||We went to the Pathways eco-hotel, a lovely hotel
of wooden thatched cottages/cabins linked by boarded walkways and surrounded
by exotic flowers on a hillside overlooking the bay. It was very quiet
because we seemed to be the only guests.
After a late breakfast at Pathways we had a stroll round Colonia, the quiet little 'capital' of Yap state, checking the menus at the few restaurants. We had lunch at the Marina restaurant by the harbour - fish and chips (Sheila) and Ramen (me), a noodle soup full of meat and vegetables with a fried egg on top.
Yap is even more totally tropical than Palau; quiet, traditional, laid-back. We had a walk round the bay and along some of the ancient stone footpaths over the hill through the jungle, past local villagers' houses and a man up a tree cutting down coconuts. He shimmied down the tree, hacked one open with a machette and gave us a drink of coconut milk. We continued over to the north part of town for a refreshing pot of tea at the Oasis Restaurant.
||On several occasions we went to an old wooden
ship called MNUW, which is a restaurant moored outside the Manta Ray Bay
Hotel, for lunch or dinner.
||One evening Detlef, the very nice German Maitre
d' at MNUW, persuaded us to have a big $50 Mangrove Crab, as big as a dinner
plate. We arrived and they had laid the table beautifully with candles
and lots of exotic flowers and they were all so attentive and made a special
occasion of it, but from then on it was all downhill. After cracking and
smashing the huge claws of the crab (we had to use the crackers like a hammer
to get them open) and eating what little meat there was in the claws we were
exhausted but looking forward to the 'main meal' in the body but oh no, there
was hardly anything in it so we had to fill up on the accompanying tapioca
and bland root vegetables. We really enjoyed the Mars bar when we got back
to our room!
||A pig in a box in Yap!
||Yap - a totally tropical sunset.
Wed 21st to Thurs 22nd, Guam again.
In the middle of the night (2am this time) we flew back to Guam and revisited
Micronesia Mall for shopping and Hard Rock Café for lunch.
||We drove to the Talofofo waterfalls and visited
Yokoi Cave where the Japanese soldier Corporal Yokoi lived in hiding for
28 years after World War II, believing the war was still going on, until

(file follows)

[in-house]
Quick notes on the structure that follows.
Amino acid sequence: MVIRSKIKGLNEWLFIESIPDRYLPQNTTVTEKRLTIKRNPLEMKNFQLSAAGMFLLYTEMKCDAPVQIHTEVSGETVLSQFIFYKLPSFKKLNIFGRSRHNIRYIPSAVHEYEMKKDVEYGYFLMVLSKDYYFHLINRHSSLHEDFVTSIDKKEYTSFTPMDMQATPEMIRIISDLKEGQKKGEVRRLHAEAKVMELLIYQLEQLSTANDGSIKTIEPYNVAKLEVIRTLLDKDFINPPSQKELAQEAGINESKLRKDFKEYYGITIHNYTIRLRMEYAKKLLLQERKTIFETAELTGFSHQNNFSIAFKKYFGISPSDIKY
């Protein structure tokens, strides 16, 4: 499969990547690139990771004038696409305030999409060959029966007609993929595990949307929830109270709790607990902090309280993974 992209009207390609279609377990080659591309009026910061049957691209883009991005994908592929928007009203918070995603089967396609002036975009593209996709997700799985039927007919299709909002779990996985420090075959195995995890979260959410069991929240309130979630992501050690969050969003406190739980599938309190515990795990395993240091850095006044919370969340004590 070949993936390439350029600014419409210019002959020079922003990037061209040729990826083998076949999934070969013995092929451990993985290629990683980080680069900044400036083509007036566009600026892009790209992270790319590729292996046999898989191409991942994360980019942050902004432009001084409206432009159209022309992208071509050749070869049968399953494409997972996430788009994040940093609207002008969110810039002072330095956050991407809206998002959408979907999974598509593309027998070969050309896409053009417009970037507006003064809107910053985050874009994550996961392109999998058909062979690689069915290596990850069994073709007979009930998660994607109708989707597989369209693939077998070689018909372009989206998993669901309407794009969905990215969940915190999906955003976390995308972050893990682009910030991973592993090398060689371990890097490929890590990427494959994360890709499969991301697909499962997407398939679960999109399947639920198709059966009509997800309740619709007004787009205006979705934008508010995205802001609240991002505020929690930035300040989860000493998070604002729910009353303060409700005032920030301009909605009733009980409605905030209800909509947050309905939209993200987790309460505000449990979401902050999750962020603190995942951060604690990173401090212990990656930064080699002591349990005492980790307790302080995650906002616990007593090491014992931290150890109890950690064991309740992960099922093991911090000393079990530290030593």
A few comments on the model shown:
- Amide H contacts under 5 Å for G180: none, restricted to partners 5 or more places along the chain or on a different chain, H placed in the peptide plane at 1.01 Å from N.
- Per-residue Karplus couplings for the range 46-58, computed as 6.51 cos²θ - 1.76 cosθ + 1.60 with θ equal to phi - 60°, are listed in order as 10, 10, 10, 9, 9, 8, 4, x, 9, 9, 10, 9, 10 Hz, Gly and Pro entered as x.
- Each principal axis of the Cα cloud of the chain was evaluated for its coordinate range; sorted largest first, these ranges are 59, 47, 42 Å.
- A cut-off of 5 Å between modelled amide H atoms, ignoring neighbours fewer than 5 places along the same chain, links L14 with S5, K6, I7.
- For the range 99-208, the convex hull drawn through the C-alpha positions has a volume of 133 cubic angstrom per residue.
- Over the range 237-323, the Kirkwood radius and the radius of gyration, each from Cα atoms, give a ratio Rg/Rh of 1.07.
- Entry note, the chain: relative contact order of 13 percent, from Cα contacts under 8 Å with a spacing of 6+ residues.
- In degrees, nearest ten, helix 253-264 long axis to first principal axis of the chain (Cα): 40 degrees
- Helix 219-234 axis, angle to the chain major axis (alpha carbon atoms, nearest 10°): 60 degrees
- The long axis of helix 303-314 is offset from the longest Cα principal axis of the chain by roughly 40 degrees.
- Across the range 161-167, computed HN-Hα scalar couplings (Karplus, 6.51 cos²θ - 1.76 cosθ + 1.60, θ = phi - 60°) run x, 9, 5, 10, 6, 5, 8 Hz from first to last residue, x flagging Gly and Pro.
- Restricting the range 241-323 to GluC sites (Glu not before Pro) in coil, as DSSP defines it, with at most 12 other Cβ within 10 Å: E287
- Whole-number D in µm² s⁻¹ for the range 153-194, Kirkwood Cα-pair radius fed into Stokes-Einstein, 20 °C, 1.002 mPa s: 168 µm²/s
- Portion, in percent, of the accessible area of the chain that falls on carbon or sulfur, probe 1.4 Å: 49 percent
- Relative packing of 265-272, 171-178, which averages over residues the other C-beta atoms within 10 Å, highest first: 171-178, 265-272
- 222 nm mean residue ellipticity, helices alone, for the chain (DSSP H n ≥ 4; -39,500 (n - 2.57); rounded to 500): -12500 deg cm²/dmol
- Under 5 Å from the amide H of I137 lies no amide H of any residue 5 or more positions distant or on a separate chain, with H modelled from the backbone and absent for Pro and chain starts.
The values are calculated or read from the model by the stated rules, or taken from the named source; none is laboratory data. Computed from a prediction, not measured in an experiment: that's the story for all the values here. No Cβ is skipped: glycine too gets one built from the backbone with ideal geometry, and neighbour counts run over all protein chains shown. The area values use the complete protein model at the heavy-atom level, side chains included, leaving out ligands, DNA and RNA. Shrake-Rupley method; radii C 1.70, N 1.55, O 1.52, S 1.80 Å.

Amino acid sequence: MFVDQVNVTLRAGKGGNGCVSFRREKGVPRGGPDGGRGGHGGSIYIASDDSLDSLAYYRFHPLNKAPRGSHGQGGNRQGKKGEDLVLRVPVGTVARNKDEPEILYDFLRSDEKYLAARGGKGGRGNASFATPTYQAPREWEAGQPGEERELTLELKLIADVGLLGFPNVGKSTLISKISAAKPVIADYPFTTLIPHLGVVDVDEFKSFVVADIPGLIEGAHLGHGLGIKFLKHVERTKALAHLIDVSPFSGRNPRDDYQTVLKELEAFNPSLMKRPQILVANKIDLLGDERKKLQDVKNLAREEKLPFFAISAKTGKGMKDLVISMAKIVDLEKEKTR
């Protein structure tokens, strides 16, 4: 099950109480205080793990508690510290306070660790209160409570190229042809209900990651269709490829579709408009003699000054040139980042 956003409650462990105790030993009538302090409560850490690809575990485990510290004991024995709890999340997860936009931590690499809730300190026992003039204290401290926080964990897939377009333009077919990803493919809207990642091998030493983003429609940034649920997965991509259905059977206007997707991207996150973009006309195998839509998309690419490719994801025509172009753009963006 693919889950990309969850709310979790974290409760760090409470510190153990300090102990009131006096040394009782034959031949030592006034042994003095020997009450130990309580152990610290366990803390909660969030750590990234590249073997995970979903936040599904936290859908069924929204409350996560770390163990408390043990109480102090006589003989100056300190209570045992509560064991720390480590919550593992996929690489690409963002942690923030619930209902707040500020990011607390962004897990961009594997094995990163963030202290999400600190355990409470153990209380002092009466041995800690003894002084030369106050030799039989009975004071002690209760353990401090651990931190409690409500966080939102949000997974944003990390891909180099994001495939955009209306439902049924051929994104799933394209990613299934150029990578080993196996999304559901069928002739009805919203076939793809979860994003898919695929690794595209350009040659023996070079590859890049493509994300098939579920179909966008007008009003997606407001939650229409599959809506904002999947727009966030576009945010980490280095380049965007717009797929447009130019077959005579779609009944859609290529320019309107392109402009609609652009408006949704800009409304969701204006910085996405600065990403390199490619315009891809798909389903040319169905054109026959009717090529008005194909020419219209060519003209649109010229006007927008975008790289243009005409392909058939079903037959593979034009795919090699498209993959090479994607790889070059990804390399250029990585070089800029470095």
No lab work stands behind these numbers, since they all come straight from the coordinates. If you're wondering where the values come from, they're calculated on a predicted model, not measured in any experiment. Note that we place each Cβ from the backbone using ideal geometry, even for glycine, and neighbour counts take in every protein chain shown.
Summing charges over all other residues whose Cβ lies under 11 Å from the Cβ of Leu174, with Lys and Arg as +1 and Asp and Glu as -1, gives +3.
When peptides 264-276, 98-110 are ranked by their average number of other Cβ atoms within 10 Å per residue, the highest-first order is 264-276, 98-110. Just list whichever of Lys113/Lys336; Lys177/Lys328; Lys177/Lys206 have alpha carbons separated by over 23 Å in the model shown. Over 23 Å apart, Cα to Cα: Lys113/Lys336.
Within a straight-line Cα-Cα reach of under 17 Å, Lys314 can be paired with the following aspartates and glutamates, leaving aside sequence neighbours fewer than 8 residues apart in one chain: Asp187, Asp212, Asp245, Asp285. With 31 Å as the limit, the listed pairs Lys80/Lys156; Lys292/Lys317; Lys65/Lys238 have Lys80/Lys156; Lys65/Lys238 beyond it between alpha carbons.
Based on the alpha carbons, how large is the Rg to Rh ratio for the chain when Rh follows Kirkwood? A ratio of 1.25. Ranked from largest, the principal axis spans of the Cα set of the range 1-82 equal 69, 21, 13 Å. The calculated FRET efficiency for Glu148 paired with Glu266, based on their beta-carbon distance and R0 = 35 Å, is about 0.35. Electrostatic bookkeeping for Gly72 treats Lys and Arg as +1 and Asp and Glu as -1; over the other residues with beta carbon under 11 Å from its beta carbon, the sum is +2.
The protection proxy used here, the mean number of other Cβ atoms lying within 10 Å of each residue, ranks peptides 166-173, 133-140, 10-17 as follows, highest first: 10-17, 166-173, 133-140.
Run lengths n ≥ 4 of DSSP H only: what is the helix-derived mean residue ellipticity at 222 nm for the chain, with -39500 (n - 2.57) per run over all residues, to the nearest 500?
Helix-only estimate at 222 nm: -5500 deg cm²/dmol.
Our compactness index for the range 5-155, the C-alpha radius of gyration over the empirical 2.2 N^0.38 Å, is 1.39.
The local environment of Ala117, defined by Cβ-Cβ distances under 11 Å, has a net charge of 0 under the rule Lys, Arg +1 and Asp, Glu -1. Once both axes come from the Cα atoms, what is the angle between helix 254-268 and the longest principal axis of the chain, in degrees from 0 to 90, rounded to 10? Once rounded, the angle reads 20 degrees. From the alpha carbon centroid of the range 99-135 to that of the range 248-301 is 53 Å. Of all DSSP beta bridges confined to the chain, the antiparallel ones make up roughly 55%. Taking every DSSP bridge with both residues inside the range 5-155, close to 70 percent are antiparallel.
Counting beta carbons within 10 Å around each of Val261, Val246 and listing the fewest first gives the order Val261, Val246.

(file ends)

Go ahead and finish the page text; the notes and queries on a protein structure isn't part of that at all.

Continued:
a local Chamorro hunter discovered him.
In the evening we went back to the Chamorro market and saw even better hula dancing and a different rock band, as well as the dark beers and kebab salad of course.
Thurs 22nd to Sat 24th, Saipan, Northern Marianas.
At a more civilised time we flew to Saipan which is the capital of the
Northern Marianas, a 'commonwealth' of the USA. Saipan used to rely on vast
numbers of Japanese tourists coming to visit, but they have largely disappeared
due to the economic downturn and the place is a bit run down. We stayed
at the very pleasant Summer Holiday hotel on the edge of town and discovered
that Thursday is when Saipan has their night market so we walked into town
and saw some more Micronesian tribal dancing (but not as good as in Guam)
and had some barbecued skewers from one of the many food stalls as a starter.
Then we went to the western-style Country House restaurant for a seafood
Continuing the western theme we had a very nice breakfast at Wild Bill's
bar and grill just round the corner from the hotel and went for walks round
the shops and along the beach and through the nice but very expensive Hyatt
Resort. Even nearer the hotel we had wonderful Thai lunches and dinners
at the Thai House restaurant washed down with a pint of Michelob Amber, the
best beer of the holiday, and chatted with Jack the American manager, a former
merchant seaman. We also had a lunch at the Hard Rock Café which
was not as atmospheric as the one in Guam. There's not much to do but eat
and drink in Saipan!
||The only 'sights' seemed to be the Old Japanese
.... and 'Sugar King Park', commemorating Matsue Haruji who created the sugar industry in Saipan, and featuring a battered old steam engine that used to haul the sugar trains (see the photo on Wikimedia at http://commons.wikimedia.org/wiki/File:Steam_locomotive_at_Sugar_King_Park.JPG )
Sun 25th to Sat 31st, Seoul, Korea.
We flew overnight via Guam to Seoul. We were upgraded because of the broken suitcase - they put us upstairs in the 747 where the seats were first-class style with a huge amount of space and reclined completely into a bed. In Seoul we experienced double culture shock - Korea is freezing cold after the steamy tropical islands, and not many people speak English. We got the 6015 airport bus to the central Myeong-Dong district, where we found that all of the many hotels seemed to be full; later we realised that this was because a Nuclear Security Summit attended by 53 countries was in progress. Eventually we found the Eco House guest house where we got a tiny Korean-style room for two nights - no furniture, just a very comfortable mattress and bedding on the floor and underfloor heating that became so hot I had to find the boiler and turn it off! It was nice and bright and clean and the young couple who ran it were really sweet although they didn't speak much English (and the auto-translator computer gizmo they tried to use came up with completely incomprehensible messages!). We spent two hours in the tourist office in 'M' Plaza where the extremely helpful lady rang around everywhere to find a hotel for us later in the week, and answered all our endless questions.
We walked around the busy pedestrianised shopping streets in Myeong-Dong.
Because of the Nuclear Security Summit the whole place was on high alert
and the streets and squares were filled with hundreds of police in full riot
gear. Barack Obama was in town for the summit but we were too busy to show
him around! We stopped for lunch at the Touch of Spice Asian restaurant where
the Pad Thai and Nasi Goreng, washed down with a couple of glasses of wine,
were delicious, although unfortunately in Asian restaurants the glasses